Like many of you, I no longer hold my breath for Murakami to win the Nobel Prize in Literature. For some reason, they don’t see the brilliance or the depth in his work. Every year I hope for it, and every year I am disappointed. I’ve read some pretty depressing articles that try to explain why he has yet to win the prize. While he is by no means a perfect writer, it does seem that everything he publishes turns to gold. We all read it, and if I’m honest, we all DEVOUR it. I don’t just devour his work, but the works that his novels allude to, outright name, or touch in anyway. How many of you are like me?
WHAT IS READING BEYOND MURAKAMI?
Reading beyond Murakami is a way to appreciate his works on a deeper level. These three novels are written on the shoulders of giants. The extra reading and ideas mentioned below will illuminate the stories you already know and probably love. Some of the works listed here are explicitly mentioned in the novels while others are alluded to. Some are never mentioned at all, but they will help readers understand some of the underlying themes running through the novels.
When thinking about the underlying message of a narrative, it’s best to keep in mind that writers rarely begin their stories knowing that they want to communicate some grand idea about love or loss or death, or in Murakami’s case, identity, memory, and truth. If writers reflect on their process, they emphasize discovery, adventure, and even curiosity to know what will happen to the characters. They are just as eager as we are to see them react to unexpected circumstances.
I say all this because analyzing the philosophies, thinkers, or influences of any given novel is not designed to take away from or overwhelm the meaning of the story. There is so much we learn from the characters of each of these books. The theoretical concepts explored in the extra readings I mention below, helps ground each story. Even though Murakami’s readers often find it difficult to identify with one of these stock protagonists in bizarre circumstances, these deeper concepts and themes do resonate with us because they tap into universal themes and metaphors. Reading beyond Murakami is important if we want to know why these books resonate so deeply.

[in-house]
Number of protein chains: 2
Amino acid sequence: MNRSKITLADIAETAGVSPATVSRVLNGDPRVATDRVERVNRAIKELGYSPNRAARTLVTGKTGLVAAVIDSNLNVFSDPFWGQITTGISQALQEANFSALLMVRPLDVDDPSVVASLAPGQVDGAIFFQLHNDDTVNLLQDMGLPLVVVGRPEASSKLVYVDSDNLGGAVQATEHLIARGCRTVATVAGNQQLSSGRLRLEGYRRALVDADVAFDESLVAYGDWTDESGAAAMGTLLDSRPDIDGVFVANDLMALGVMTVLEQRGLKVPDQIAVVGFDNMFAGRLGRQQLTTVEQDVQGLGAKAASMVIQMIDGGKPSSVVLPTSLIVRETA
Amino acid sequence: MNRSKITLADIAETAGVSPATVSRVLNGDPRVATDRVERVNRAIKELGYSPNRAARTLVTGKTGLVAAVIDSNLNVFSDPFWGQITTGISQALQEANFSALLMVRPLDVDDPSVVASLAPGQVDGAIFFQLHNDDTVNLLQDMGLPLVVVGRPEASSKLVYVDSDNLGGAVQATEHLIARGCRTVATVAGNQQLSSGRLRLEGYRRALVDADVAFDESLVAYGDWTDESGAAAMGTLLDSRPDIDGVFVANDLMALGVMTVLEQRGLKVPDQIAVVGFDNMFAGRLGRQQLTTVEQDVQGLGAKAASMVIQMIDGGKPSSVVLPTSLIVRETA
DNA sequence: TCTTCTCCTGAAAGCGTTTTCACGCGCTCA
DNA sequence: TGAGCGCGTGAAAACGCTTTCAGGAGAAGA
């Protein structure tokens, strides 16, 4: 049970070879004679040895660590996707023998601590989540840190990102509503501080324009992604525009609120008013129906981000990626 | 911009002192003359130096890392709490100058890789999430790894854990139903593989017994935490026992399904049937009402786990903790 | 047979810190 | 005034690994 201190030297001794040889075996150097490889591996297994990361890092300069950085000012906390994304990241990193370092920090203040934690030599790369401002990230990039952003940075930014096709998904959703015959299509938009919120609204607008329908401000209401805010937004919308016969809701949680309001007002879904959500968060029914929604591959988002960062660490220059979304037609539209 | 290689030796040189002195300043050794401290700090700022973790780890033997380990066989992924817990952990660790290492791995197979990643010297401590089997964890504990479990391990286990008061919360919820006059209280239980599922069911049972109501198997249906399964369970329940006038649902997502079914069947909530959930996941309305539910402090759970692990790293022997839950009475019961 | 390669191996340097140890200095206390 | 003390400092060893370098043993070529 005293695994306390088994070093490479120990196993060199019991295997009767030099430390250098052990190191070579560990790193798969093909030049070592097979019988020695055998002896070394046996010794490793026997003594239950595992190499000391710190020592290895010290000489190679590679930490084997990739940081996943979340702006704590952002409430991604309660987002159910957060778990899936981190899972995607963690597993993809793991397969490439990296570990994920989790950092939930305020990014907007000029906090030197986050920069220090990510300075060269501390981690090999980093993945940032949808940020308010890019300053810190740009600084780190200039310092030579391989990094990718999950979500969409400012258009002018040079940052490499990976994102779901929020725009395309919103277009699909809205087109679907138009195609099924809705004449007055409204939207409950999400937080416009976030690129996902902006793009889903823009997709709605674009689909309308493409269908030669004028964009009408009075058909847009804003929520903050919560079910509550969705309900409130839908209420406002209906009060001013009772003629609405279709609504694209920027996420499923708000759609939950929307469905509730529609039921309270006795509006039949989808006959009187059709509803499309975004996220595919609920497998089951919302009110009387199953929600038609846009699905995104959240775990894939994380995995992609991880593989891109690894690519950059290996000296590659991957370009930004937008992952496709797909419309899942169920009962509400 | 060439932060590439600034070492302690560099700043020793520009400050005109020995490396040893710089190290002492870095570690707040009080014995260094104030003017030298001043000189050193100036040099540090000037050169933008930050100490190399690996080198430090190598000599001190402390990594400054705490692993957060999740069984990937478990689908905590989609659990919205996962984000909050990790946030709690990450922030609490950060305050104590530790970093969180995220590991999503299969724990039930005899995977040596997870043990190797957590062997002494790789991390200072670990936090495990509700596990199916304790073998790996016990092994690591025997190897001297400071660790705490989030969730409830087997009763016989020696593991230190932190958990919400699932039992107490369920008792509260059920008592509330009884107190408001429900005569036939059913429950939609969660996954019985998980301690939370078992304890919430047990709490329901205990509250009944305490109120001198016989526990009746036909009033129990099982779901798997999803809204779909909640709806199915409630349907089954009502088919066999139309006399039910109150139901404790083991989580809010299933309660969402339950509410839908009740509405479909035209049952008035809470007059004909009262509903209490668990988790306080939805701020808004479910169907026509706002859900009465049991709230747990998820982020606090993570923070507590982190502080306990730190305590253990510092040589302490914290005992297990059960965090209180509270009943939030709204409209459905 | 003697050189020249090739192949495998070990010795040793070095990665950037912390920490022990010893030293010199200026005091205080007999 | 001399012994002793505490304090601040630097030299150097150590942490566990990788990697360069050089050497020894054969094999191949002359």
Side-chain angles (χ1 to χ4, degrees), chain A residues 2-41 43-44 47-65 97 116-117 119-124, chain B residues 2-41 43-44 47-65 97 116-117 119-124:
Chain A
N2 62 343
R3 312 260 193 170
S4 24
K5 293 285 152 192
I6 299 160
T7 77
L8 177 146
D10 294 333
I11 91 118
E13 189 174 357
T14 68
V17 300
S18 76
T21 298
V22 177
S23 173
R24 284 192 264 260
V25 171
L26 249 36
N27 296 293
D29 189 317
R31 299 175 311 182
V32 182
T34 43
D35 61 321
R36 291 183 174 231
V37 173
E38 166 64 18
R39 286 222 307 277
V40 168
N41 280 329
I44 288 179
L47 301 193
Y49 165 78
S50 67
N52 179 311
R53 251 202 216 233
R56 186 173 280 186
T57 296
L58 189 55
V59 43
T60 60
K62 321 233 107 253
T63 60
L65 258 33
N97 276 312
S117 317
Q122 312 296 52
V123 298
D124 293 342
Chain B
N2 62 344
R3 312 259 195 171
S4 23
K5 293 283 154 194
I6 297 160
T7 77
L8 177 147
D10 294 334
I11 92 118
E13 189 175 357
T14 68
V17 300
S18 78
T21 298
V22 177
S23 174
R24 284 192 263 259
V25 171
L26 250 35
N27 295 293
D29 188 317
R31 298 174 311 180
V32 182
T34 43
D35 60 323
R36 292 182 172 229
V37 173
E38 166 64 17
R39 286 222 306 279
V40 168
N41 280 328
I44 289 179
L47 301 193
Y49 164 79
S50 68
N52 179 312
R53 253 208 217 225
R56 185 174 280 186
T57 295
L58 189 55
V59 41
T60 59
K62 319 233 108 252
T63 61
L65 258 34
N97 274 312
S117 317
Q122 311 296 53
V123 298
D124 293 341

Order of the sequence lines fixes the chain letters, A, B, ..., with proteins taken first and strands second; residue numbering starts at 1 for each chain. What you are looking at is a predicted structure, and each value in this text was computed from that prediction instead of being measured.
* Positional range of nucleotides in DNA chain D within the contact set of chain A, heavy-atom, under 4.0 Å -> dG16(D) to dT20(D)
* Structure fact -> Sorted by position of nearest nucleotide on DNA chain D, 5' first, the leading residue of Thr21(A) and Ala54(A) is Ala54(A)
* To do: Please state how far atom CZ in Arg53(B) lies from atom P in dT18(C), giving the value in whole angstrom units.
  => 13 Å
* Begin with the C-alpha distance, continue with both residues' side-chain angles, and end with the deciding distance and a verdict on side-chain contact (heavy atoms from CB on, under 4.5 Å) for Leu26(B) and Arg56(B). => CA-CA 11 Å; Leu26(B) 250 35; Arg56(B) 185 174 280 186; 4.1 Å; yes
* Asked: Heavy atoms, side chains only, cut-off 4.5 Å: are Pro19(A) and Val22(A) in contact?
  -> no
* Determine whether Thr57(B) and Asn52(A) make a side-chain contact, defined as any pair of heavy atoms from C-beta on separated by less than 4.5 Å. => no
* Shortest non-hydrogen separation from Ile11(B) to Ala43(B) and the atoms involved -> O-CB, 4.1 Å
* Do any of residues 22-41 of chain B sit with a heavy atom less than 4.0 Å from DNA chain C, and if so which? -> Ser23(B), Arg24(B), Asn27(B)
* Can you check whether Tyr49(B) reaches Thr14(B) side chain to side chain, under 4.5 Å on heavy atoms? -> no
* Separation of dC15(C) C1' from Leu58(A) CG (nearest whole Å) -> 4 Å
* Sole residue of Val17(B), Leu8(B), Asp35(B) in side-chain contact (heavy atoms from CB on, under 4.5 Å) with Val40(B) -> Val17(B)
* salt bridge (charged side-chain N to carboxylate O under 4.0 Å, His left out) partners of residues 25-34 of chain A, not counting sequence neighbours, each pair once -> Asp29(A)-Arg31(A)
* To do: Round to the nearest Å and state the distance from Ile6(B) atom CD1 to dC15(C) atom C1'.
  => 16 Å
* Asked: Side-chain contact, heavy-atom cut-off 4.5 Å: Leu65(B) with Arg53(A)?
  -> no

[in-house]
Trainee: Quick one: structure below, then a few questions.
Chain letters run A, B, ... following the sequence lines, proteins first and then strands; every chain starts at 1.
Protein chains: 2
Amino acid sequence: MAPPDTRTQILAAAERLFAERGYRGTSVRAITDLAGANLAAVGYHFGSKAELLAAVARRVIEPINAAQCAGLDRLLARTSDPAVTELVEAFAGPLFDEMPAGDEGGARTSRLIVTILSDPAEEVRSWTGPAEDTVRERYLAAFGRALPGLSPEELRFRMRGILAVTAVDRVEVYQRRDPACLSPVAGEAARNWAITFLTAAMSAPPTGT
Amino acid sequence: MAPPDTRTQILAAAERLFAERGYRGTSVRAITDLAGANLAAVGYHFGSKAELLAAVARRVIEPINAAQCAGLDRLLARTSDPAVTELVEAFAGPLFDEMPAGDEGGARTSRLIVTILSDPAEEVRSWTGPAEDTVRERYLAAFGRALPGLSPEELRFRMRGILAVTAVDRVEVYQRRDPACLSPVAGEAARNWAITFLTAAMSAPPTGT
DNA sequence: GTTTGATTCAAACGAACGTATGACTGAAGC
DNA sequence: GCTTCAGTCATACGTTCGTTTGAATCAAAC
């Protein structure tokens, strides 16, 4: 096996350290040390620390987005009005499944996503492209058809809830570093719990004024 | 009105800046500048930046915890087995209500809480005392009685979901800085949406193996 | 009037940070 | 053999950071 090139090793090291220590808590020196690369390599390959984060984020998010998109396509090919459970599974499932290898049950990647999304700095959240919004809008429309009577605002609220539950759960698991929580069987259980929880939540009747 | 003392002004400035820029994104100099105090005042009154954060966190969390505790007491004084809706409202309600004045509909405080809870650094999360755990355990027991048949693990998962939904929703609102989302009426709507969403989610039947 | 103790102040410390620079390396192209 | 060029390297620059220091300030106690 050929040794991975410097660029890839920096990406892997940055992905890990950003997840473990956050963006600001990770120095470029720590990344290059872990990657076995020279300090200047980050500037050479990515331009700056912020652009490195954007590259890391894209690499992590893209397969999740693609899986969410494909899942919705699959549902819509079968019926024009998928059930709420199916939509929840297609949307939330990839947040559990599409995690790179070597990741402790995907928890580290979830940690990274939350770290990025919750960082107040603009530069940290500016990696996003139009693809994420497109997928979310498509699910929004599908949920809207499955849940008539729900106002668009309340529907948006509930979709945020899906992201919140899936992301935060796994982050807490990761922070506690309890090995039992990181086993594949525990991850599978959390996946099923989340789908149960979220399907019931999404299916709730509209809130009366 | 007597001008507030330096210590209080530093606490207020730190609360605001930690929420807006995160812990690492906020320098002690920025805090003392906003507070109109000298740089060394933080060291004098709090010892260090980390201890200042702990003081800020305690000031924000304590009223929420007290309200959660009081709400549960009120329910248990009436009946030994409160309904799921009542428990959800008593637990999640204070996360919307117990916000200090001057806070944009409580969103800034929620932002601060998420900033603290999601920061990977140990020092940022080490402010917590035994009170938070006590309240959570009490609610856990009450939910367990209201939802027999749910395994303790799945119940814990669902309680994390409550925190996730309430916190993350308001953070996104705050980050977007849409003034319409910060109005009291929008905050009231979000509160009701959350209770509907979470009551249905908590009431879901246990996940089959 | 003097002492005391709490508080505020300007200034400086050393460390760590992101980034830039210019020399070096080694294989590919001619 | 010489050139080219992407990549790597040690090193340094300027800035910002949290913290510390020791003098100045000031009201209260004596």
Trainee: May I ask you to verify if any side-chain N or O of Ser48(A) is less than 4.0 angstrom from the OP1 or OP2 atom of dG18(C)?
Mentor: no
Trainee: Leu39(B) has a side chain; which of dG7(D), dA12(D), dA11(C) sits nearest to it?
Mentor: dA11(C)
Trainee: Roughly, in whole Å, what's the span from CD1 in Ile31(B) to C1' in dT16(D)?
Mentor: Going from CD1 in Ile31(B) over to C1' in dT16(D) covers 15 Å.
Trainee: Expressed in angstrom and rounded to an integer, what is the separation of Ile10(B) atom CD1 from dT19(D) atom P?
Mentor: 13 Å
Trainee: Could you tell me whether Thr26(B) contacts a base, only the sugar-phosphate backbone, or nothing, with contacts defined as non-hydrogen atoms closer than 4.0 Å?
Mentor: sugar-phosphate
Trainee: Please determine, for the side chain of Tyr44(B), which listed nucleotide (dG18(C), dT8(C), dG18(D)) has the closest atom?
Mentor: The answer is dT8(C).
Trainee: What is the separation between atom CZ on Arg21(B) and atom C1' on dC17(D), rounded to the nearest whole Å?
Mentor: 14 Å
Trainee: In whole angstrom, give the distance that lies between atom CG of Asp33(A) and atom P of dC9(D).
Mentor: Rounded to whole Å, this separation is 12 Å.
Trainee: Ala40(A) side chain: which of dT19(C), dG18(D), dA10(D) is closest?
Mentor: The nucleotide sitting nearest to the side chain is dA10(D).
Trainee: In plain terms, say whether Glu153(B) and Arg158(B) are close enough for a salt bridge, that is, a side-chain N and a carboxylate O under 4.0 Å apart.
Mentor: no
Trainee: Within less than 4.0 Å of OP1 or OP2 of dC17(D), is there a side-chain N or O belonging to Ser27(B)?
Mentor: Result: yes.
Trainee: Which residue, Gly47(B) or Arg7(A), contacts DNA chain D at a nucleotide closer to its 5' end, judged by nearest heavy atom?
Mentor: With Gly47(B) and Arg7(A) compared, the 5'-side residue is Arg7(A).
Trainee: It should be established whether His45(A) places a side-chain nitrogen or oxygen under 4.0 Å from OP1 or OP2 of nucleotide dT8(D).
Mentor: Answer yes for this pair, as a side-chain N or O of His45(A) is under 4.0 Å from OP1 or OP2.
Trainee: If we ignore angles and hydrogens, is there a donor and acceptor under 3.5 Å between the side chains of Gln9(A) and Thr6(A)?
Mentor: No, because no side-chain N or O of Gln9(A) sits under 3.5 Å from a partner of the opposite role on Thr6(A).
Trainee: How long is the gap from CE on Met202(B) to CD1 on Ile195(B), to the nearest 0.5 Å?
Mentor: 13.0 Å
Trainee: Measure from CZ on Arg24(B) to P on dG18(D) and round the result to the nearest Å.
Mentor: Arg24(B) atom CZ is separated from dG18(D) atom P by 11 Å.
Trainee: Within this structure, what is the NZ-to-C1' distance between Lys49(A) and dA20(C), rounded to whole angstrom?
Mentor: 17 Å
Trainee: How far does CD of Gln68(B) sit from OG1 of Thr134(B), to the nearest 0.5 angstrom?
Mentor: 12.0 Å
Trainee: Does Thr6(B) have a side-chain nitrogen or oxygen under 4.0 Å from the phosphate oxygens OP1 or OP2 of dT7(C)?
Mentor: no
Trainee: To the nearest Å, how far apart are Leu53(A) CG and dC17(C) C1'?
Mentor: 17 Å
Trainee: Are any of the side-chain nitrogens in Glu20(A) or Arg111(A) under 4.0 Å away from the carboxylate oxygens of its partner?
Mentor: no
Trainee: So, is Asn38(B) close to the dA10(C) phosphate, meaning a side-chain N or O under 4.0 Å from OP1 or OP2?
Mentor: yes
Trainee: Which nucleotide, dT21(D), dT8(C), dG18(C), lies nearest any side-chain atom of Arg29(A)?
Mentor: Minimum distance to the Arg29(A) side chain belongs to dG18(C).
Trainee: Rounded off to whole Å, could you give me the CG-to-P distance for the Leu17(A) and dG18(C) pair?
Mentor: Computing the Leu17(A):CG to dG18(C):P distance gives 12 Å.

There is a saying in biblical interpretation that you always use scripture to interpret scripture, and I would argue the same for Murakami. Use Murakami to interpret Murakami. Once you read one of his works, you are far more capable of reading and understanding his others. This is why I suggest people should read Murakami’s works in a certain order. Even so, once you read some of the influences of each story, you will start to understand and appreciate his other works on a deeper level.
**When I can, I hyperlink to the article or an online version of the reading. Otherwise, the link will take you to where you can buy the work on Amazon. While I give a VERY brief overview of the work, my goal here is to help you open your eyes to the way it relates to Murakami’s work. It is up to each of you to read and study the theoretical concepts in the original work to connect with the works of Murakami on a deeper level. Be sure to read the end of the blog post for a special offer on how to do that. Oh, and spoiler alert. Don’t read what I write about any of the novels you haven’t read yourself. Inevitably, I have to talk about the endings of some of the books.
I have no idea if these thinkers were on Murakami’s radar at all when he wrote this book. Much of their work was published before Murakami gave literary birth to Hard-Boiled Wonderland and the End of the World, but who really knows? I wrote a 90 page thesis on the connection between these two works, but I will save you from most of the academic jargon and sum it up for you. Basically, these thinkers articulate an unconscious mind that is productive and machine-like. The clincher, though, and where they differ from Freud, and Lacan after him, is that they theorize that the product the unconscious mind makes is real.
Much of the plot of Hard-Boiled Wonderland and the End of the World separates the two worlds (oscillating chapters, unique pronouns for each protagonist, and entirely different settings), but there is even more that brings the two worlds together leading up to the grand finale. Ultimately, what happens in the unconscious part of the Dreamreader’s mind directly influences the conscious mind as embodied by the Calcutec. This book, (and the 2010 film, Inception after it) represents the theories introduced by Deleuze and Guattari in really fascinating ways. Once you read these thinkers, you will see their ideas everywhere, especially in Murakami’s writings.
- Alice in Wonderland by Lewis Carroll
- The Structure of the Unconscious by Sigmund Freud
- The Mirror Stage by Jacque Lacan
- Course in General Linguistics by Ferdinand de Saussure
- The Divided Self: An Existential Study in Sanity and Madness by R.D. Laing
Simulacra & Simulation by Jean Baudrillard
The first chapter of Baudrillard’s book articulates this concept called hyperreality. This is really fun to teach because it’s not that hard to grasp. Like most theories, once you understand it, you see it everywhere. Essentially, it deals with appearance and reality, so a little background knowledge on Plato’s Allegory of the Cave is helpful. The prisoners in the allegory see only shadows when staring at the wall. Those figures are all that is real, and the prisoners have no idea they are merely shadows pointing to substance. Essentially, the appearance was their reality. Said another way, the representation was their reality.